We identified mAb clone-1E2 was to serve as a ‘binding-only control’ since it had no effect on invasion despite recognising cell surface NCSTN by FACS, while 2H6 and 10C11 were pursued as lead candidates. Their binding to endogenous NCSTN was confirmed in other TNBC cell lines (BT549, HCC1806) (Fig. 1a), where it was superior compared to binding to surface NCSTN on a luminal A breast cancer cell line (T47D). The binding of whole IgGs was measured directly by ELISA. The antigen used was the mammalian NCSTN ECD-Fc fusion protein (Fusion Antibodies). Surface plasmon resonance was used to epitope map the anti-NCSTN mAbs by determining which ones compete for binding to the NCSTN antigen. An indicated mAb was immobilized onto the surface of the BIACore chip, which was then exposed to the flow of the human NCSTN-Fc protein. The sensogram registered a consequent increase in the chip weight corresponding to the association part of the curve. Next, a chosen Fab fragment was injected and flown over the chip surface. We observed that 10C11 and 1E2 clones are binding overlapping epitopes, while 10C11 and 2H6 clones are directed against spatially distinct regions on the NCSTN ECD (Fig. 1b). The mAbs displayed moderate to high affinities on immobilised NCSTN ECD with K d values of 0.61 nM (10C11), 3.7 nM (1E2) and 21.6 nM (2H6). Cell-based quantitative FACS on non-permeabilized MDA-MB-231 cells established avidities of all three clones (Table 1; Supplementary Fig. 2). As well as being physiologically relevant, these cellular K d values suggested predominantly monovalent binding or other GS complex-related steric factors involved. Since functional, purified GS from mammalian cells contains predominantly mature, membrane-anchored NCSTN , it is of importance that 2H6 and 10C11 were particularly effective in recognising and immunoprecipitating NCSTN from the cellular membrane fraction containing the active protein  (Fig. 1c, d). Since NCSTN is heavily glycosylated and dependent on this post-translational modification for maturation and function, we further explored the ability of our antibodies to recognise NCSTN glycoforms by using EndoH and PNGase. EndoH and PNGase treatment to remove the post-translationally added glycans revealed that 2H6 and 10C11 recognised the non-glycosylated protein at ~80 kDa (Fig. 1e) , indicating that the mAb-binding epitopes are likely to represent peptide regions with conformation not entirely dependent on maturation through glycosylation.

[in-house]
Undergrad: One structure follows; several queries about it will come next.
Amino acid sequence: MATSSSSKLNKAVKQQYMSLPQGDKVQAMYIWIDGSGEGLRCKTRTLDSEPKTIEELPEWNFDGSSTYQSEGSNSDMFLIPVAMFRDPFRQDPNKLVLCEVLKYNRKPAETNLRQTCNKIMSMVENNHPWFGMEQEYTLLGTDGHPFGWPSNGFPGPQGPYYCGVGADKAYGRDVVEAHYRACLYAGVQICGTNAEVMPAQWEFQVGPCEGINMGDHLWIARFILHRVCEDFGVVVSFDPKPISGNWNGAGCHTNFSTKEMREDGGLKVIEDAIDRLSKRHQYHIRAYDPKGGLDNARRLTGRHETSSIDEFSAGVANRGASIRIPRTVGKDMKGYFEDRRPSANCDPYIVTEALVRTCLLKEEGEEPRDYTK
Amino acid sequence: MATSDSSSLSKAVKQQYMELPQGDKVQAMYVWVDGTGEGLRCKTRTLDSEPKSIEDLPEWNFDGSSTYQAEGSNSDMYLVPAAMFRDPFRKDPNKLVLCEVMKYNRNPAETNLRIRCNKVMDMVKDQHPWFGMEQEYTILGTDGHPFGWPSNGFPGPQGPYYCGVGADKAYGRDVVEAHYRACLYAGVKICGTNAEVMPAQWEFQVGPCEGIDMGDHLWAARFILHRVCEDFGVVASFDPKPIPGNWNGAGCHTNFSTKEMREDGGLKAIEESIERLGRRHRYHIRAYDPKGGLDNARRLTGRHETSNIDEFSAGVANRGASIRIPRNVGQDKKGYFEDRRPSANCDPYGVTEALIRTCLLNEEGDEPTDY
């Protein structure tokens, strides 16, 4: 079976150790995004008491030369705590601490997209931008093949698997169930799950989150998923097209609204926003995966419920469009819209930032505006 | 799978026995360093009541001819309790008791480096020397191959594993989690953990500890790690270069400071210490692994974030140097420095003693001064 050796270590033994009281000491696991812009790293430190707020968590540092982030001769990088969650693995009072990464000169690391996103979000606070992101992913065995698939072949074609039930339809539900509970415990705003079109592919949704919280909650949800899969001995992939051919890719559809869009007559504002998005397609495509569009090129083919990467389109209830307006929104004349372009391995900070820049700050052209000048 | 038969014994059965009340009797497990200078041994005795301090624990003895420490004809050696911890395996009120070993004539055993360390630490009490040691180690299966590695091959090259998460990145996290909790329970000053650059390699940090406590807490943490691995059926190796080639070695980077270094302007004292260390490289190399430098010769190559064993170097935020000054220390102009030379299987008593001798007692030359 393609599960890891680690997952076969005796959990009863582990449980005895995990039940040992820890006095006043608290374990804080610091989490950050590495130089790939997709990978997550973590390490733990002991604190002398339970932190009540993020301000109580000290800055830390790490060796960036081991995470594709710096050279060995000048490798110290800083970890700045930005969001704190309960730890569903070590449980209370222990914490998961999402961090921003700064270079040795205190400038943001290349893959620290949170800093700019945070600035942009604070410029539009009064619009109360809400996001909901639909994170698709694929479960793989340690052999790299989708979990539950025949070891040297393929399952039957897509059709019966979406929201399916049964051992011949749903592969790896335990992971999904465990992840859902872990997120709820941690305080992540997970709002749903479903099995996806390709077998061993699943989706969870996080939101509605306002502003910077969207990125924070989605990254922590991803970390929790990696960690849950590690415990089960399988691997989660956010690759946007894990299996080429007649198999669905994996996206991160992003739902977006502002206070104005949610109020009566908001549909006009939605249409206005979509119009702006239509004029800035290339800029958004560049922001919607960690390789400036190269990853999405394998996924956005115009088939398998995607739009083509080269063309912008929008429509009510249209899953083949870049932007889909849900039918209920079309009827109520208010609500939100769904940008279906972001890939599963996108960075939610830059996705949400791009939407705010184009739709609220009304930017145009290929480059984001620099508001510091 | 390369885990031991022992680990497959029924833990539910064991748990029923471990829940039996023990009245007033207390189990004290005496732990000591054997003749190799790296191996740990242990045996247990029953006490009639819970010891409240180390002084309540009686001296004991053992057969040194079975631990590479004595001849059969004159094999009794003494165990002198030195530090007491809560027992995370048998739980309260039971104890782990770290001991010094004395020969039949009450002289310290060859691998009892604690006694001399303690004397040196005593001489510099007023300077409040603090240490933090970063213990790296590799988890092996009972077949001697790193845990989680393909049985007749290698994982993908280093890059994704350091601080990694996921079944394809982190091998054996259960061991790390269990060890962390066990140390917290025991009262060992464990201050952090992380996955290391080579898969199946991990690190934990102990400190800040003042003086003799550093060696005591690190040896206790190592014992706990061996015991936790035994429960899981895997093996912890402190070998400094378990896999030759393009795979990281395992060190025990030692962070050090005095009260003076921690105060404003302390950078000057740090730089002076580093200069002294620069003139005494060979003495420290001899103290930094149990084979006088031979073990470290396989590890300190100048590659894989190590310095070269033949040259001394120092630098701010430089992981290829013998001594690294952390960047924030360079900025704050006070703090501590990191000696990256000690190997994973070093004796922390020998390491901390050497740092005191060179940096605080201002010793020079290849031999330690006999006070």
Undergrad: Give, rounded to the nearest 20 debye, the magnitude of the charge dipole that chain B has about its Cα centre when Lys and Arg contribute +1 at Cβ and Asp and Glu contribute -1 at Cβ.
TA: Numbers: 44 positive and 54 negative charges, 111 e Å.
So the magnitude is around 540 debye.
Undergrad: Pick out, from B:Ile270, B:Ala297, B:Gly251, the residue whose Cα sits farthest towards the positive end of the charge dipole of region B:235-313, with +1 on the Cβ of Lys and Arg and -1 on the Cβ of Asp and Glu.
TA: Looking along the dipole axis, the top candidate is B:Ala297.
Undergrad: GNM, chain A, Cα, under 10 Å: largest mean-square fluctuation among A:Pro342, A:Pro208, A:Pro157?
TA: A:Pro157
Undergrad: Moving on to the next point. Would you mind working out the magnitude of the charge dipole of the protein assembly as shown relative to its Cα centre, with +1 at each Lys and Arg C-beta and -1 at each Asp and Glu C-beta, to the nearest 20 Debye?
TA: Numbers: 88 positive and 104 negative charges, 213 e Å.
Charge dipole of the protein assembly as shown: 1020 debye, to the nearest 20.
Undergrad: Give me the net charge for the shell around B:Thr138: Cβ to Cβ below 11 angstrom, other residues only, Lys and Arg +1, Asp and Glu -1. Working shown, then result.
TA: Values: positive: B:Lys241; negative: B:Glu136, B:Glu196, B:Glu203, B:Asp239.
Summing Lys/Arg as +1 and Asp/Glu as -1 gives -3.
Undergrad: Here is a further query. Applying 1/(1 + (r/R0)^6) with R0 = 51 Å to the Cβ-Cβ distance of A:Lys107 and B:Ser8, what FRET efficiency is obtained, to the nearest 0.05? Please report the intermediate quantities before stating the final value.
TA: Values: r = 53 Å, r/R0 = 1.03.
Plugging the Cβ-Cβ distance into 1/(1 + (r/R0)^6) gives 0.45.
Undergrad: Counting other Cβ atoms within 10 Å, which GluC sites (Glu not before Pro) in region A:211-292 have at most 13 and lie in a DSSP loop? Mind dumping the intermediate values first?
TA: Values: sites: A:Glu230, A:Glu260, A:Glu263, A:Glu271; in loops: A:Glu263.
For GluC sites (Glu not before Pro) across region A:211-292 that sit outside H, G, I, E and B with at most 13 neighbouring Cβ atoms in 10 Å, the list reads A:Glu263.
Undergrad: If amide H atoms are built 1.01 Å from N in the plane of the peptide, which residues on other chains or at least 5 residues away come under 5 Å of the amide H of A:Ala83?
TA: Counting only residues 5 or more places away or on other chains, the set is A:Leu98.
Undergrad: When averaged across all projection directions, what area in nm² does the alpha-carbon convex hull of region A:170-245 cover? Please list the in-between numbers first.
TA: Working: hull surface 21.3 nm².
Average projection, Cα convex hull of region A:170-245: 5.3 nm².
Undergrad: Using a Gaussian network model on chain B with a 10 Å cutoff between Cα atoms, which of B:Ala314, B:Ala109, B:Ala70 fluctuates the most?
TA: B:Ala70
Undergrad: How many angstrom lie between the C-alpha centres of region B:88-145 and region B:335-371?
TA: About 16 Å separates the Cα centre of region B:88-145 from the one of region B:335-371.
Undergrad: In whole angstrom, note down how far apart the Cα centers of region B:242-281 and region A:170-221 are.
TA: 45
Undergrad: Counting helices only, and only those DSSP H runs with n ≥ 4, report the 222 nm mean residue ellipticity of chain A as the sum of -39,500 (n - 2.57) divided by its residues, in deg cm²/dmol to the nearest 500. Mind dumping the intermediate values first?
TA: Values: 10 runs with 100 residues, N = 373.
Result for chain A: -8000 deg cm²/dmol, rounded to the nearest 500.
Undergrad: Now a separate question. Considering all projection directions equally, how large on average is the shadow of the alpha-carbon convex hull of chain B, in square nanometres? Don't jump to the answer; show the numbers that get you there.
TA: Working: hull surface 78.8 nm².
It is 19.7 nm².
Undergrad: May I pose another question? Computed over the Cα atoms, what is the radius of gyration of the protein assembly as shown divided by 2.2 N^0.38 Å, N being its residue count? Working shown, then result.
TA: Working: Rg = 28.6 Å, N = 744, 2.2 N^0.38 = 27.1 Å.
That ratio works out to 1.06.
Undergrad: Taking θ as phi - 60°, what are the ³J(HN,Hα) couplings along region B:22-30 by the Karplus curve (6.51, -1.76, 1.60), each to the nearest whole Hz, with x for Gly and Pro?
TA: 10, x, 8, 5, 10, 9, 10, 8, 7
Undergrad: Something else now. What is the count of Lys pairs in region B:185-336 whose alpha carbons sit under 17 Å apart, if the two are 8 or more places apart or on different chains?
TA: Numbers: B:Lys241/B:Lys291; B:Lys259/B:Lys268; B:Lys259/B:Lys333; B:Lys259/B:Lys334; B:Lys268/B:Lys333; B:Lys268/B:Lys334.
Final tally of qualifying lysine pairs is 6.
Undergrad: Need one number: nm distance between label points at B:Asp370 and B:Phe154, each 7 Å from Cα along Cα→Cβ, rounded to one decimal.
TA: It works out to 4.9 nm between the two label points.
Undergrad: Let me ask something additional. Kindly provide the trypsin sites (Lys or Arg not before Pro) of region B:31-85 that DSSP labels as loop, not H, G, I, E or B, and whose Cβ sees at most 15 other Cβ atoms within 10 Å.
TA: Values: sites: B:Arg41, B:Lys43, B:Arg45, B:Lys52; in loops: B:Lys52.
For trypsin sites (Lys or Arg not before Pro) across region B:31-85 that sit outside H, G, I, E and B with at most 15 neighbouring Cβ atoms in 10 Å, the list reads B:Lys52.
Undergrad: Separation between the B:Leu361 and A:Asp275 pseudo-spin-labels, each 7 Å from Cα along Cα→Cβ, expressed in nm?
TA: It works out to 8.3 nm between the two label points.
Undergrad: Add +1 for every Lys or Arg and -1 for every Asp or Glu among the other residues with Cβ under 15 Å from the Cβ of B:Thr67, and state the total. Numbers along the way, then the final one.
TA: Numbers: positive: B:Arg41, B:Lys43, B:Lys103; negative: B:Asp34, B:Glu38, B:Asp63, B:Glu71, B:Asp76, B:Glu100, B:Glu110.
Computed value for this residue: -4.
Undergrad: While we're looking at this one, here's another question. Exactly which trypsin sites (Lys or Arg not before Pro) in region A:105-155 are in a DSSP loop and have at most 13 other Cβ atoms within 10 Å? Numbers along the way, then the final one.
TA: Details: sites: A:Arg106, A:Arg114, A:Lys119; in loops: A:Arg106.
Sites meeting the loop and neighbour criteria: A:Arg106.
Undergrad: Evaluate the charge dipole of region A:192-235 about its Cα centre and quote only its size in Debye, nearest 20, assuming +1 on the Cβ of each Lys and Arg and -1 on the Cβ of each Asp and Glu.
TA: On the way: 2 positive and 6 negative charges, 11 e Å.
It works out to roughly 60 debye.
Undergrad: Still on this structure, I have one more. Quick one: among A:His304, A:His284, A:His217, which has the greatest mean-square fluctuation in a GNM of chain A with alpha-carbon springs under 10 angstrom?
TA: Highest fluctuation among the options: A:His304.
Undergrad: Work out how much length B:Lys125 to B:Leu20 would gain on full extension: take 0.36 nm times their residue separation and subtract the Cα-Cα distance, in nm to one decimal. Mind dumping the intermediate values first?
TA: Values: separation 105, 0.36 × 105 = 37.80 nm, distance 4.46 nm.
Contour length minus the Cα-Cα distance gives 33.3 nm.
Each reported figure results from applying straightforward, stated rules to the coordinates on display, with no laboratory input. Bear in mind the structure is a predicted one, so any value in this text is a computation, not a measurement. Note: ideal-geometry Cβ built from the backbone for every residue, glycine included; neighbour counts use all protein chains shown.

Next, we assessed therapeutic potency of anti-NCSTN mAbs in a variety of in vitro, three-dimensional, Matrigel/Collagen I-based assays, allowing for incorporation of the physiologically relevant, tumour cell-extracellular matrix interactions . In such conditions, both purified 2H6 and 10C11 mAbs potently inhibited Matrigel acini formation in a panel of TNBC cell lines (MDA-MB-231, BT549, HCC1806) (Fig. 2a). Moreover, grape-like acini converted to rounded structures upon mAb treatment, indicating that the invasive capacity of the cells was being attenuated , which was confirmed in a designated Boyden chamber assay (Fig. 2b). Clone 2H6 was superior in attenuating gelatin degradation by cellular invadopodia protrusions (Fig. 2c), as well as the invasive capacity of MDA-MB-231 spheroids into Collagen I (Fig. 2d), with an average increase of sphere volume from Day 0 to Day 2 of 20.1-fold for the Control IgG and 16.8-fold for the 2H6-treated spheres (p = 0.03). To test whether NCSTN antibodies might affect the extravasation step of metastasis , we followed the interaction of MDA-MB-231 cells with endothelial cells by time-lapse microscopy . Treatment of MDA-MB-231 cells with 2H6 and 10C11 did not affect the initial contact and adhesion between cancer cells and endothelial cells: however, it delayed the intercalation of MDA-MB-231 cells within the endothelial monolayer after 1 and 2 h of interaction (Fig. 2e). Moreover, only 2H6 inhibited the enzyme activity of the purified GS by >50 % (Fig. 2f) .